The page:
October 30, 2010
Mary Ainsworth a Prominent Woman of Psychology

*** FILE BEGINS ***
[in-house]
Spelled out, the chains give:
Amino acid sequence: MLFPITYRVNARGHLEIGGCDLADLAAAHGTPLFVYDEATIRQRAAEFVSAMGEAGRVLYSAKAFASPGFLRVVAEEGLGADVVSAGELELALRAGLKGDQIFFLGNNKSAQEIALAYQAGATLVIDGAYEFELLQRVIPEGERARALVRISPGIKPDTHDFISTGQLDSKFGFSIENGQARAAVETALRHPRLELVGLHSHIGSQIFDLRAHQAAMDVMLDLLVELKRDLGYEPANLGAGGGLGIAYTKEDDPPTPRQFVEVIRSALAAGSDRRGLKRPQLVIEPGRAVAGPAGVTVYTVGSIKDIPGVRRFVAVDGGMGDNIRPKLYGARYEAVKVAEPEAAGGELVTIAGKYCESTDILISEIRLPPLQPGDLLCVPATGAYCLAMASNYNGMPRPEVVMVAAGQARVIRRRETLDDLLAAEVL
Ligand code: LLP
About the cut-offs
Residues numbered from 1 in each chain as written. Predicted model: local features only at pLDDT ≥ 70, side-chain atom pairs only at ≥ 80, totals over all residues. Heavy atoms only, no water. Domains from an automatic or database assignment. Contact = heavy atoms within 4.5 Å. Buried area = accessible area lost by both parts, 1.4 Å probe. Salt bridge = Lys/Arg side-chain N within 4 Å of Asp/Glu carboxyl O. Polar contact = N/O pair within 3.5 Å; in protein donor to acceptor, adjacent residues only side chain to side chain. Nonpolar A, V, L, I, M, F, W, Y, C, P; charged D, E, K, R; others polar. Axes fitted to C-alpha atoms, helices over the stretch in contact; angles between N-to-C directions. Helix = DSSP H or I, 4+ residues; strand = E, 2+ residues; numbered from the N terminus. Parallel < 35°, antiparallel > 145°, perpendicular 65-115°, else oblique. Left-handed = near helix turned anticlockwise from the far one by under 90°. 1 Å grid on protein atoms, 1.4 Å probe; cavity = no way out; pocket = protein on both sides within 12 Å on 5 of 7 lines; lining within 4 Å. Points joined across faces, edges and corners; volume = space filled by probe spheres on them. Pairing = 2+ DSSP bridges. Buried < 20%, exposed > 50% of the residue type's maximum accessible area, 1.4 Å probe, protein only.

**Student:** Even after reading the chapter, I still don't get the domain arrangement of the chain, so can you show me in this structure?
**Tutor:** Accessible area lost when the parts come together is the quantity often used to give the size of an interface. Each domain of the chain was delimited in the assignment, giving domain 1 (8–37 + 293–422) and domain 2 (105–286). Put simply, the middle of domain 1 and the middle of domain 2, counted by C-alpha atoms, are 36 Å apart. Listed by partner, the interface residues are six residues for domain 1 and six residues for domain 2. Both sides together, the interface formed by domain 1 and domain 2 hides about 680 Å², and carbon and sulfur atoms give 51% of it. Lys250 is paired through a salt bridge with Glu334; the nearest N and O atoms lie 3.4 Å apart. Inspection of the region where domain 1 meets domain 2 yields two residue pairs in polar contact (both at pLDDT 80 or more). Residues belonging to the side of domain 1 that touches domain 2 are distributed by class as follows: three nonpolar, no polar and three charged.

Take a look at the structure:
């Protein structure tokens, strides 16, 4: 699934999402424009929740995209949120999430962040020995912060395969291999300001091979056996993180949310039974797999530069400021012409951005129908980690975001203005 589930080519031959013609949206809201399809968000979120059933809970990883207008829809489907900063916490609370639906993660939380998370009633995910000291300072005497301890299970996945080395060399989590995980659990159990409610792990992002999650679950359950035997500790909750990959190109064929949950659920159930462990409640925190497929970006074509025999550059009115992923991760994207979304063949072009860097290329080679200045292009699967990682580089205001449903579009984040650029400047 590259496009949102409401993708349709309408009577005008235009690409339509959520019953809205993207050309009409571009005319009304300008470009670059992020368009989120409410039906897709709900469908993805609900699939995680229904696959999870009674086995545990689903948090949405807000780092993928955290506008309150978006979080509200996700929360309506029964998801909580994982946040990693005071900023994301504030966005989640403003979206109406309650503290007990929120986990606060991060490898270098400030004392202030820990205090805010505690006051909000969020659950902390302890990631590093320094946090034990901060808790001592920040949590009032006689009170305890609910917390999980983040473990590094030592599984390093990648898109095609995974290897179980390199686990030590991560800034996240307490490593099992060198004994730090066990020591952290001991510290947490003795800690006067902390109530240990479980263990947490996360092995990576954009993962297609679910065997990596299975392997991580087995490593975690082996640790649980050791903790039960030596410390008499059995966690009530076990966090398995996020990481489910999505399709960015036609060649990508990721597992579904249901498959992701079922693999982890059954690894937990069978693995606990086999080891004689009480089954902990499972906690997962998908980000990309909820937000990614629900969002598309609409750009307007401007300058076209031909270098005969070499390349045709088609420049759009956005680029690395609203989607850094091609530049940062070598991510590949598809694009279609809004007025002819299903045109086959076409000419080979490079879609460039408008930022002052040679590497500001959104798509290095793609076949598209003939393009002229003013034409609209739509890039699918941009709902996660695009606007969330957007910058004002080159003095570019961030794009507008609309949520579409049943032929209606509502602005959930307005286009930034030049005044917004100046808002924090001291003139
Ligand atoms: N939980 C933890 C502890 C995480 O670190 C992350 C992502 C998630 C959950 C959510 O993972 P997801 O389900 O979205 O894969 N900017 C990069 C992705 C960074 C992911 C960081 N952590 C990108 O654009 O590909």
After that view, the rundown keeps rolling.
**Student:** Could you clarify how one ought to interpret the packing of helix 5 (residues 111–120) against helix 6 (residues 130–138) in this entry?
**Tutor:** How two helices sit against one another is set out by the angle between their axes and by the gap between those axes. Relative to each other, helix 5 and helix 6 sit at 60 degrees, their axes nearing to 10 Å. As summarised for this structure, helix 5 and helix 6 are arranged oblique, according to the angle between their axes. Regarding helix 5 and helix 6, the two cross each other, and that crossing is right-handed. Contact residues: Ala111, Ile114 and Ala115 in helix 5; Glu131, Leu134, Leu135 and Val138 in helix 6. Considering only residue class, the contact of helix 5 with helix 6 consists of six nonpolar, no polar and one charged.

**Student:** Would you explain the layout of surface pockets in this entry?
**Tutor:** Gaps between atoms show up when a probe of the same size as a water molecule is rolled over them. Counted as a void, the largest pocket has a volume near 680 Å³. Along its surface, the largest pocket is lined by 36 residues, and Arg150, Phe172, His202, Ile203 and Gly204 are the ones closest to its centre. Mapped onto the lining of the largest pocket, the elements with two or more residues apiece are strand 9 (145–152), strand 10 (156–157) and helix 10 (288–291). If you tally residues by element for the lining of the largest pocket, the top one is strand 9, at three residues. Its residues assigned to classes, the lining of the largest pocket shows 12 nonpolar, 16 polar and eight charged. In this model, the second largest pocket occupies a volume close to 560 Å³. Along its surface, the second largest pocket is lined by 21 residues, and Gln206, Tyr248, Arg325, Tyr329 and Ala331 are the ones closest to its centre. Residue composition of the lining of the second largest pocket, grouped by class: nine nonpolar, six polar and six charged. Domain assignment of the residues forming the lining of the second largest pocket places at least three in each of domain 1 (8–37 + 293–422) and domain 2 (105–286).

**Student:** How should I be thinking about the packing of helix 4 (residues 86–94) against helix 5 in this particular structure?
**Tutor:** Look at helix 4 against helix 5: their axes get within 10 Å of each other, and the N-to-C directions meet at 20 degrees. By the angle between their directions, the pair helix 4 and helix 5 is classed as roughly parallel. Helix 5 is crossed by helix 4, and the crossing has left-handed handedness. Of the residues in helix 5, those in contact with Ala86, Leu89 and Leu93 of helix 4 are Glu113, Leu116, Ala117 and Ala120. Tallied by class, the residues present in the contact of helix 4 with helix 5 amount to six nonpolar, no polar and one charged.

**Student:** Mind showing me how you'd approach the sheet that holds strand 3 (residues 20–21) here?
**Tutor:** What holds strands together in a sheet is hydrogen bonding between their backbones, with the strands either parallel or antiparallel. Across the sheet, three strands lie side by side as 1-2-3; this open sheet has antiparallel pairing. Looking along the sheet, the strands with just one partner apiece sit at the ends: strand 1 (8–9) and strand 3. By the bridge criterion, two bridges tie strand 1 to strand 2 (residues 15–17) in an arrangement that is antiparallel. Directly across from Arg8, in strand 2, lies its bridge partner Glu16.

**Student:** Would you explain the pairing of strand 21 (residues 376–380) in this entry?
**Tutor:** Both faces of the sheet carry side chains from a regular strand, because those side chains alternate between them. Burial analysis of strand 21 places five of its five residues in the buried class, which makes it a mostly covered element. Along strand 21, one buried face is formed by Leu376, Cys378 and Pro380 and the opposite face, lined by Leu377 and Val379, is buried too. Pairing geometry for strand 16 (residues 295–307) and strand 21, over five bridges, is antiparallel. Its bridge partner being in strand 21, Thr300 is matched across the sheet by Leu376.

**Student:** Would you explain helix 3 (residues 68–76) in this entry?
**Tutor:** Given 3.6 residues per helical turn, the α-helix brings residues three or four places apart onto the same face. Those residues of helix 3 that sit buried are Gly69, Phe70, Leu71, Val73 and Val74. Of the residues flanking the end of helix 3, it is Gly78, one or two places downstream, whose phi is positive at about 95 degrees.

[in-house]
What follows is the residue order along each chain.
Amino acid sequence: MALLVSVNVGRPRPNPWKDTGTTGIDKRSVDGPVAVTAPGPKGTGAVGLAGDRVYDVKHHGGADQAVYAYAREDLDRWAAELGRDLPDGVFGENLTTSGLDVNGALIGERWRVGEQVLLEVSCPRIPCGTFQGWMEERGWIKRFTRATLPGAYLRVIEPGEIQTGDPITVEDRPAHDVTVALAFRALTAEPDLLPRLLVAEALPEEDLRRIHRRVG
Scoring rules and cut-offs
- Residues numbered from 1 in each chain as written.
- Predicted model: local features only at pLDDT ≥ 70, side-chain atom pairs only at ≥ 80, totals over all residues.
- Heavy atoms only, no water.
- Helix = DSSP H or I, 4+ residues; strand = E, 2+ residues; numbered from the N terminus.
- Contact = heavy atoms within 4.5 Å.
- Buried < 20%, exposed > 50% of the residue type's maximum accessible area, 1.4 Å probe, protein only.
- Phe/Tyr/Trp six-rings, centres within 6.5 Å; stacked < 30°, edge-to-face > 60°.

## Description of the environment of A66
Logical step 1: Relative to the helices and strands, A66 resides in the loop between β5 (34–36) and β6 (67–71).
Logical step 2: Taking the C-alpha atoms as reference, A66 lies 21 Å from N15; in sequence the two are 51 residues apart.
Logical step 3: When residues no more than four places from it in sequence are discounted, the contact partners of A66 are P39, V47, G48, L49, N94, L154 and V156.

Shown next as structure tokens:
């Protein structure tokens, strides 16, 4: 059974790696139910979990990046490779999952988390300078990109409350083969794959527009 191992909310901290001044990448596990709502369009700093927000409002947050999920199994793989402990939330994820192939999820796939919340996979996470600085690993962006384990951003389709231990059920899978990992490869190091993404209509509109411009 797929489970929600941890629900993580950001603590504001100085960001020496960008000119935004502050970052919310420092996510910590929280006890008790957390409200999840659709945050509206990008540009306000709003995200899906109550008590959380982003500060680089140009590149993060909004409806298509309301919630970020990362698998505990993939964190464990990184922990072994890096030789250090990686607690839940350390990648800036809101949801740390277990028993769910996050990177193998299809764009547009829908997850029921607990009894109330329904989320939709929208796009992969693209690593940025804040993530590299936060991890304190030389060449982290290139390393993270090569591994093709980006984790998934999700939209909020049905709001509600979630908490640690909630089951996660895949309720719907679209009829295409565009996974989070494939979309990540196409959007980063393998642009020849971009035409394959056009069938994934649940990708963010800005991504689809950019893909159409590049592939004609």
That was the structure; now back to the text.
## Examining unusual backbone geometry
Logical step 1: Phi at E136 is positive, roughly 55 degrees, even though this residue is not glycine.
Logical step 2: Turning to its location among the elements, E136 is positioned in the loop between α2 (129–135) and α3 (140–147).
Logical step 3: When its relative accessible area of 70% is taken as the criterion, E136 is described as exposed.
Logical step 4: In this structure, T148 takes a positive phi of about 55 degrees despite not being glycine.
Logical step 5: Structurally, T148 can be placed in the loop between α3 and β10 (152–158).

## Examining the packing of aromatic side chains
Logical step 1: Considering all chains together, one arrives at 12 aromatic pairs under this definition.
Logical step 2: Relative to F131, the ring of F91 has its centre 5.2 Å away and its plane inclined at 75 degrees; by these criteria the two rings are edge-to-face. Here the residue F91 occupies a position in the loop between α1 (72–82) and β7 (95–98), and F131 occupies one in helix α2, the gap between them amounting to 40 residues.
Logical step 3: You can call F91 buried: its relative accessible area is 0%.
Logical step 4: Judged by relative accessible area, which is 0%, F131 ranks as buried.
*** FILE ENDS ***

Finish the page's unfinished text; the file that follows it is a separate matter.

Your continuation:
Mary D. Salter- Ainsworth was born in Glendale, Ohio in December of 1913. Her parents were both academics at Dickenson College. Her father majored in history, while Mary’s mother focused on teaching and nursing. According to her biography, Mary and her two sisters grew up in a very “close-knit family” (Ainsworth, 1983). The importance of education was definitely impressed upon the girls at an early age, and weekly trips to the library were a regular event. In 1918, when Mary was just five years old, Mary’s father received a job in Toronto and moved his entire family to Canada. As a teenager, Mary read William McDougall’s book, Character and the Conduct of Life. This insightful book spurred the idea in Mary that one could look into one’s self for explanation, and she became enthralled with the study of psychology. At the age of sixteen Mary enrolled into the honors psychology program at the University of Toronto. Mary would go onto earning her Masters and PhD in developmental psychology, all from the University of Toronto. Mary taught at the university for three years before enlisting in the Canadian Army in 1945, where she eventually became a Major. Mary spent four years in the Army working for the personnel placement department. Ainsworth would get her first taste of clinical psychology there, which changed her perspective of it and would also change her carrier direction post WWII. After her four year military tour, Ainsworth went back to Toronto to resume teaching psychology. Ainsworth wanted to figure out a way of splitting up personality psychology with a professor that already had the position, and was turned onto the assessment of personality. Not confident in her own knowledge of the subject material, Ainsworth attended a summer course on Rorschach technique. Ainsworth immersed herself deeply into projective and paper pencil tests, in order to comfortably instruct her knew courses, and this is how Ainsworth became involved in clinical psychology. Mary would again attend courses on Rorschach technique and eventually write a manual and co-author a book on the technique, with Bruno Klopfer. In 1950 Mary met Leonard Ainsworth a fellow academic at the University of Toronto, and would soon be engaged to be married. Finished with his masters and not yet completed with his Doctorate, this meant Leonard would be a student in the same depart Mary held a chair position in. Mary felt that this would be a difficult situation for the both of them, but Leonard received news that he was accepted to the University College in London and they made the move. Both Mary and Leonard had difficulties locating work in London and eventually a Military friend of Mary’s would turn her onto a job listing for a research position at Tavistock Clinic. This is where Ainsworth would begin her research on early development, and meet Dr. John Bowlby, a psychologist researching in that field. Bowlby had already begun his work in developing his attachment theory, and needed help with observation and experimentation. Ainsworth and Bowlby would begin a long fruitful journey together exploring the realm of attachment syndromes. In 1954 Mary’s husband John finished his Ph.D. and received an appointment to East African Institute of Social Research in Kampala, Uganda. Not excited about the move Mary followed her husband to Africa and began her own studies there. She developed a short- term longitudinal, naturalistic study of mother and child interaction. Mary was unable to secure funding for the testing prior to leaving London, but found Dr. Audrey Richards, an anthropologist in Kampala, was more than willing to fund her experiments. Mary states in her biography, that she was convinced that it was far easier to be objective when observing situations outside of a familiar culture. She would later recant that...